A key is that the college president, Bill Scroggins, is not just on board but gets it, and in various ways.
To begin, he gets the import of track and field as a marquee event.
Scroggins spent three days at the 2016 Trials in Eugene. He and Doug Todd, the longtime Mt. SAC track and cross-country director, conferred. The plans did not call for a shade cover in the stands. Now there will be such a cover on the west side of the facility.
Elementally, Scroggins gets what track and field can do for a community and beyond. In an interview he did while in Eugene, he said:
“This is a sport that depends on today’s modern media being able to cover it, cover it effectively to connect to an audience that can relate to the sport. And that’s one thing about track and field that’s different than, say, the NFL. I can’t go out there and put a community 11-member football team together. But I can join my local running club. I can go out there and compete in some of the events that are Olympic scale.
“So the population can relate to track more so than any other time. This is an important time for youth athletics because of the issues with health, with the ability to provide an opportunity to support an active lifestyle, healthy living — and more than any other sport, track and field conveys that message.”
In a telephone interview Wednesday morning, Scroggins said, referring to the 1932 and 1984 LA Games: “I remember the Olympics being here twice and the great things it did for our community. A lot of it was listening to people like Jackie Joyner-Kersee, people who are even today well-known personalities.
“Part of that is having a site here [at Mt. SAC] that is accessible and celebrating the sport itself. Track is a competition that takes a few seconds. But the experience lasts a lifetime.”
There — that is the key.
What track and field is missing is the experience.
In far too many ways, the production values of a meet would be all too familiar to someone who walked into Hilmer Lodge Stadium in 1968 — when it served as the site for the Olympic Trials for women.
No sport can be so stagnant. The NBA experience is hardly the same as it was in 1968. The first Super Bowl was 1967 — compare that Kansas City-Green Bay game, and the NFL’s hold on the American imagination then, to now and the New England-Atlanta game this past winter.
This is where the 2020 Trials can break ground.
For all its virtues, what Eugene and Hayward Field are missing in particular is elemental: space. With space comes imagination. And creativity.
Recent editions of the Trials have seen the area behind Hayward, normally a multi-use athletic field, jammed with exhibits, food stands and a soundstage.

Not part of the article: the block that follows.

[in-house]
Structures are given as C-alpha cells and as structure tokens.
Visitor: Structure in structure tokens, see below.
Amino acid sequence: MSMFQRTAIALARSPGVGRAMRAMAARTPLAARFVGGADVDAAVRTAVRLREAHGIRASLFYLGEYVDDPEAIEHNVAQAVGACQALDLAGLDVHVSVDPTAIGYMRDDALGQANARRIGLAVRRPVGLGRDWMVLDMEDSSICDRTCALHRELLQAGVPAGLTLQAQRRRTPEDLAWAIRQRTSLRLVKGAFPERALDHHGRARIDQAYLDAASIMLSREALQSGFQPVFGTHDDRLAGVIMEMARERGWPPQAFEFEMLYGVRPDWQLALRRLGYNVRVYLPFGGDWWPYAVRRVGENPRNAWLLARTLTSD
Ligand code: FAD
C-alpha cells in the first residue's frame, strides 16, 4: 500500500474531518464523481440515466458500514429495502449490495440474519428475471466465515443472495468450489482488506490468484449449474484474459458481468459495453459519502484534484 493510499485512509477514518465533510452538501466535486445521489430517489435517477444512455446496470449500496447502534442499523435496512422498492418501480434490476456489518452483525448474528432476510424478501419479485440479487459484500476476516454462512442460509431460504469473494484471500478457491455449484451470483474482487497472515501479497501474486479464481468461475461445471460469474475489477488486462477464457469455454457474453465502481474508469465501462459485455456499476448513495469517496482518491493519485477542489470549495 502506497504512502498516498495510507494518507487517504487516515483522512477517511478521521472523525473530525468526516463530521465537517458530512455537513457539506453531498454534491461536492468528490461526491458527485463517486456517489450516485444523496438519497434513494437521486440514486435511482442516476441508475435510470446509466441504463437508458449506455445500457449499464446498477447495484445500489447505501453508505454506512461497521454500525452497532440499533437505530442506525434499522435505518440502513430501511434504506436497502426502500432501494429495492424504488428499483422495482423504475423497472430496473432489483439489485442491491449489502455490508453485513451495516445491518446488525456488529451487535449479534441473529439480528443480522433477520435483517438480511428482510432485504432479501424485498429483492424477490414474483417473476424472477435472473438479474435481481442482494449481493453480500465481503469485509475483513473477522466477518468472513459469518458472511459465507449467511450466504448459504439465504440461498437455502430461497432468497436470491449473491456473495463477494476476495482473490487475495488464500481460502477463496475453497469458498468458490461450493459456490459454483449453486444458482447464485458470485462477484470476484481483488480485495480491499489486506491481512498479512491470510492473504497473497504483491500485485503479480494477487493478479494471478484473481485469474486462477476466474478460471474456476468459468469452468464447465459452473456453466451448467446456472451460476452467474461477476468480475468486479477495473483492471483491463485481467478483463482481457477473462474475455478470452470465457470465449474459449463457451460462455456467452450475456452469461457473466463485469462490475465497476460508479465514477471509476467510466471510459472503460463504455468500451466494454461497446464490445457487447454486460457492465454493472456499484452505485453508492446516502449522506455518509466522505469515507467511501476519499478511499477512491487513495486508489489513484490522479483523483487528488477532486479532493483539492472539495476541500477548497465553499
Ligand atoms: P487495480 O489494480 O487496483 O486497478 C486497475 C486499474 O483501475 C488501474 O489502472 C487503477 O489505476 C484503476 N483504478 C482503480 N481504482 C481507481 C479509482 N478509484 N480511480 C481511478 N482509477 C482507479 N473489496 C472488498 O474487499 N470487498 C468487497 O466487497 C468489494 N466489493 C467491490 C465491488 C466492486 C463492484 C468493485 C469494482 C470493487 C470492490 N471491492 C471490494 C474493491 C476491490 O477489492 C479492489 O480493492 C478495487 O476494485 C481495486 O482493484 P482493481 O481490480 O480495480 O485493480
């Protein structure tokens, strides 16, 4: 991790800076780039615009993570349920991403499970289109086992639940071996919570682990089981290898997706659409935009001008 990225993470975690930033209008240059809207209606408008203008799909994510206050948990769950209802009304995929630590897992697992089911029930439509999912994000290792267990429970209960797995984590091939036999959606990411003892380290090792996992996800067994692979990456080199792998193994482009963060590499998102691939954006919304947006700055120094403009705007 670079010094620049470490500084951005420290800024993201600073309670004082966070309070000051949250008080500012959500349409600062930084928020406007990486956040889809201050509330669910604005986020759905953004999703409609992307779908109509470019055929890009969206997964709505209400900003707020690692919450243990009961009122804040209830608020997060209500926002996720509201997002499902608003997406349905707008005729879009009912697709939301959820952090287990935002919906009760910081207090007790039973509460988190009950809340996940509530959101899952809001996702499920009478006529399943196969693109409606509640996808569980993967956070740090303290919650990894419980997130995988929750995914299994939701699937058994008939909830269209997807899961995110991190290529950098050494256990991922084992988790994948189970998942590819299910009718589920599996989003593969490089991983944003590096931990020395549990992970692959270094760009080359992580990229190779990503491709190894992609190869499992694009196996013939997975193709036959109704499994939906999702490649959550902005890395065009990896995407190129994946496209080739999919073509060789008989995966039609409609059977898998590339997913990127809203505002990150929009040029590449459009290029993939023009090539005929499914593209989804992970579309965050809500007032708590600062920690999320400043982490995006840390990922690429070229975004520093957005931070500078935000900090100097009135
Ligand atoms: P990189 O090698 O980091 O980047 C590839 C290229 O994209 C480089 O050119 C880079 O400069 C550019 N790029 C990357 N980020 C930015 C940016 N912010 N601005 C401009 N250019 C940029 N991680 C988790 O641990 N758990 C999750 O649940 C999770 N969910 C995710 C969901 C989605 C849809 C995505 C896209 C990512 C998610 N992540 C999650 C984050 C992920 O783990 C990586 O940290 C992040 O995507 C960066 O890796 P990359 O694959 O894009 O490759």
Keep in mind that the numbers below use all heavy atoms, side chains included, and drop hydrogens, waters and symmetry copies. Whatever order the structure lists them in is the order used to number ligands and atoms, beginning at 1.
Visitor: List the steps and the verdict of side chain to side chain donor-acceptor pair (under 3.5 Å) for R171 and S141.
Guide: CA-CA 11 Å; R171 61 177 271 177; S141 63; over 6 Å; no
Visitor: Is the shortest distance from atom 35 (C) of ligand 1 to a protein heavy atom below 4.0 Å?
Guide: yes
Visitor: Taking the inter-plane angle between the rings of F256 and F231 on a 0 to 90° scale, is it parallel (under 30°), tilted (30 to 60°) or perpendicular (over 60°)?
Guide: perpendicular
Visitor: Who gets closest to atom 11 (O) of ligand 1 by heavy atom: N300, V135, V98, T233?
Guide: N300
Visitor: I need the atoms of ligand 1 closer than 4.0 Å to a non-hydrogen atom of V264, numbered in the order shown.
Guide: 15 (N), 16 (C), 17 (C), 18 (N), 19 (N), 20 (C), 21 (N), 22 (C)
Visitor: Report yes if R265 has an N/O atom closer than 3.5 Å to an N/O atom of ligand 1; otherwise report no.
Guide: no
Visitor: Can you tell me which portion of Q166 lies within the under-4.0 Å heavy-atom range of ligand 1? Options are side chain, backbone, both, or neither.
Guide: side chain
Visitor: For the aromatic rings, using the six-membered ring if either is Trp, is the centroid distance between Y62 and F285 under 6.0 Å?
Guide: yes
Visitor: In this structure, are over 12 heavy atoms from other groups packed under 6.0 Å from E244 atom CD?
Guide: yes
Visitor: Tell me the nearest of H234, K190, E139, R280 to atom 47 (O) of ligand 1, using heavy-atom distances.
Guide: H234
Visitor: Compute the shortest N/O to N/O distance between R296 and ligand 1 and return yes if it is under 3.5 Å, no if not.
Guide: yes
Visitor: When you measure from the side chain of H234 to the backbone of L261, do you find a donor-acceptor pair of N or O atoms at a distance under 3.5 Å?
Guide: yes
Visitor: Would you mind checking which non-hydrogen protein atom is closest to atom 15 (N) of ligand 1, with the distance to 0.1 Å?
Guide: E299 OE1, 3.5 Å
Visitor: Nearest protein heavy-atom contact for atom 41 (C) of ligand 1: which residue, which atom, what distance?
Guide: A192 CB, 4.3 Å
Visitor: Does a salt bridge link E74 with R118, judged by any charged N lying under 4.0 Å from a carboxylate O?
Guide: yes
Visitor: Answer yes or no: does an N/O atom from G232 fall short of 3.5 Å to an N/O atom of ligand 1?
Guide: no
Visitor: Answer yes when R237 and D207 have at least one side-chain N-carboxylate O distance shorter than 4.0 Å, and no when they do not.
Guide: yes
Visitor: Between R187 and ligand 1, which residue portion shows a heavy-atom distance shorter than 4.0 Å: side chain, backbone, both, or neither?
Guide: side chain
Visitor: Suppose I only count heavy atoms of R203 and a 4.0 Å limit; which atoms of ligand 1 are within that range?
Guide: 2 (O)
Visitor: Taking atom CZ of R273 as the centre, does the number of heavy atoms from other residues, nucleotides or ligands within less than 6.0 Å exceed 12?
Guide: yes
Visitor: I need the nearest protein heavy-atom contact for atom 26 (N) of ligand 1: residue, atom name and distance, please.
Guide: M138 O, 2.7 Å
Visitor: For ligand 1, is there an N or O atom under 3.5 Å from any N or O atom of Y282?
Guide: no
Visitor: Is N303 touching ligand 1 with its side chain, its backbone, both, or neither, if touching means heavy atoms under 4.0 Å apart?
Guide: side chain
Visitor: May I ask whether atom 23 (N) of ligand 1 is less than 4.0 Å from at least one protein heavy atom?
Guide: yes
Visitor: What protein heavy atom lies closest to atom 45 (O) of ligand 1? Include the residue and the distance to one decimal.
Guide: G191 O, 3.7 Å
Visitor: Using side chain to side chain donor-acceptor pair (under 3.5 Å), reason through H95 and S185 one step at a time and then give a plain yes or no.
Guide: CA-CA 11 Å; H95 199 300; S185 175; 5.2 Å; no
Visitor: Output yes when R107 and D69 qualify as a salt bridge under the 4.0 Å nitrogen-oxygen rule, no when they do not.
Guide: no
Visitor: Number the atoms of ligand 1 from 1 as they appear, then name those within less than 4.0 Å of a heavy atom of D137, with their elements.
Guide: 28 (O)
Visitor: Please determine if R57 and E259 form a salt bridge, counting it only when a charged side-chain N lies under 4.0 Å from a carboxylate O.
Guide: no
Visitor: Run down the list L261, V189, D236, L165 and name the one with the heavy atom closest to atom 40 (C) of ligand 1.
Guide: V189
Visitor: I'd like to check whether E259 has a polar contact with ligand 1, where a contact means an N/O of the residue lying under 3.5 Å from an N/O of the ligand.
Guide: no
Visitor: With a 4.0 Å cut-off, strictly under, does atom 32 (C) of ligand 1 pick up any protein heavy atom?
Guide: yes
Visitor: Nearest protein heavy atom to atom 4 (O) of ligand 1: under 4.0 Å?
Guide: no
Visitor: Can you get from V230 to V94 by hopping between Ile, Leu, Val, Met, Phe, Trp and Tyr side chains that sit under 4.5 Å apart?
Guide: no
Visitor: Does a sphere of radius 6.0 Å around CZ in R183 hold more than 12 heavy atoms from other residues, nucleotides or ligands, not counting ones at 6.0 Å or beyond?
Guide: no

At Mt. SAC, there is space. And then more space. And still more. And still more, for parking.
Which leads to the obvious question when seeking to spark imagination and creative thinking:
In our world, what are the two universal languages?
Sport and music.
What are the music festivals that each spring draw thousands of young people to Southern California to have, you know, fun? The thing that track could use more of?
Coachella and Stagecoach. (For those of you who remember, like, Woodstock or Don Kirshner’s Rock Concert, there’s Oldchella as well, but whatever.)
This is a no-brainer: combine a Coachella-like music festival over the 10-day run of the Trials — June 19-28, 2020. Draw the young people in with the music and get them to experience the thrill of track and field as well, augmented by whatever realities are in play by 2020.
It’s not like, in different but similar venues, some version of this music/sports combo isn’t already happening. Go to the August 4 San Diego-Pittsburgh baseball game and after suffering through that (hopefully no extra innings), you can hear the Rock and Roll Hall of Fame band Chicago. 25 or 6 to 4, people!
What would make the 2020 Trials different from a nine-inning baseball outing, of course, is that this would be a 10-day festival.
As Todd, in an interview Thursday, said of the 2020 Trials, “It’s got to be more of a happening. A festival experience. It has to be more than just sitting in the bleachers and looking at a race every 15 minutes.
“The races are great. But you want something else.”
Just thinking out loud here: USATF chief executive Max Siegel has an extensive background in the music business.
Scroggins, for one, is open to just this sort of possibility: “We are looking at this as an opportunity to be prepared for not only what is the broadcast that is associated with the Trials but having a lot of other visibility to the site, the event and the sport.”
He added, “Marketing isn’t just what happens on the field [of play].”
A big-time music festival and Olympic track and field Trials combo? Why not?
“Let’s get everybody talking,” Todd said. “That’s the key.”
He also said, “We have an hour or two to relax and enjoy [winning]. Then we have to go to work.”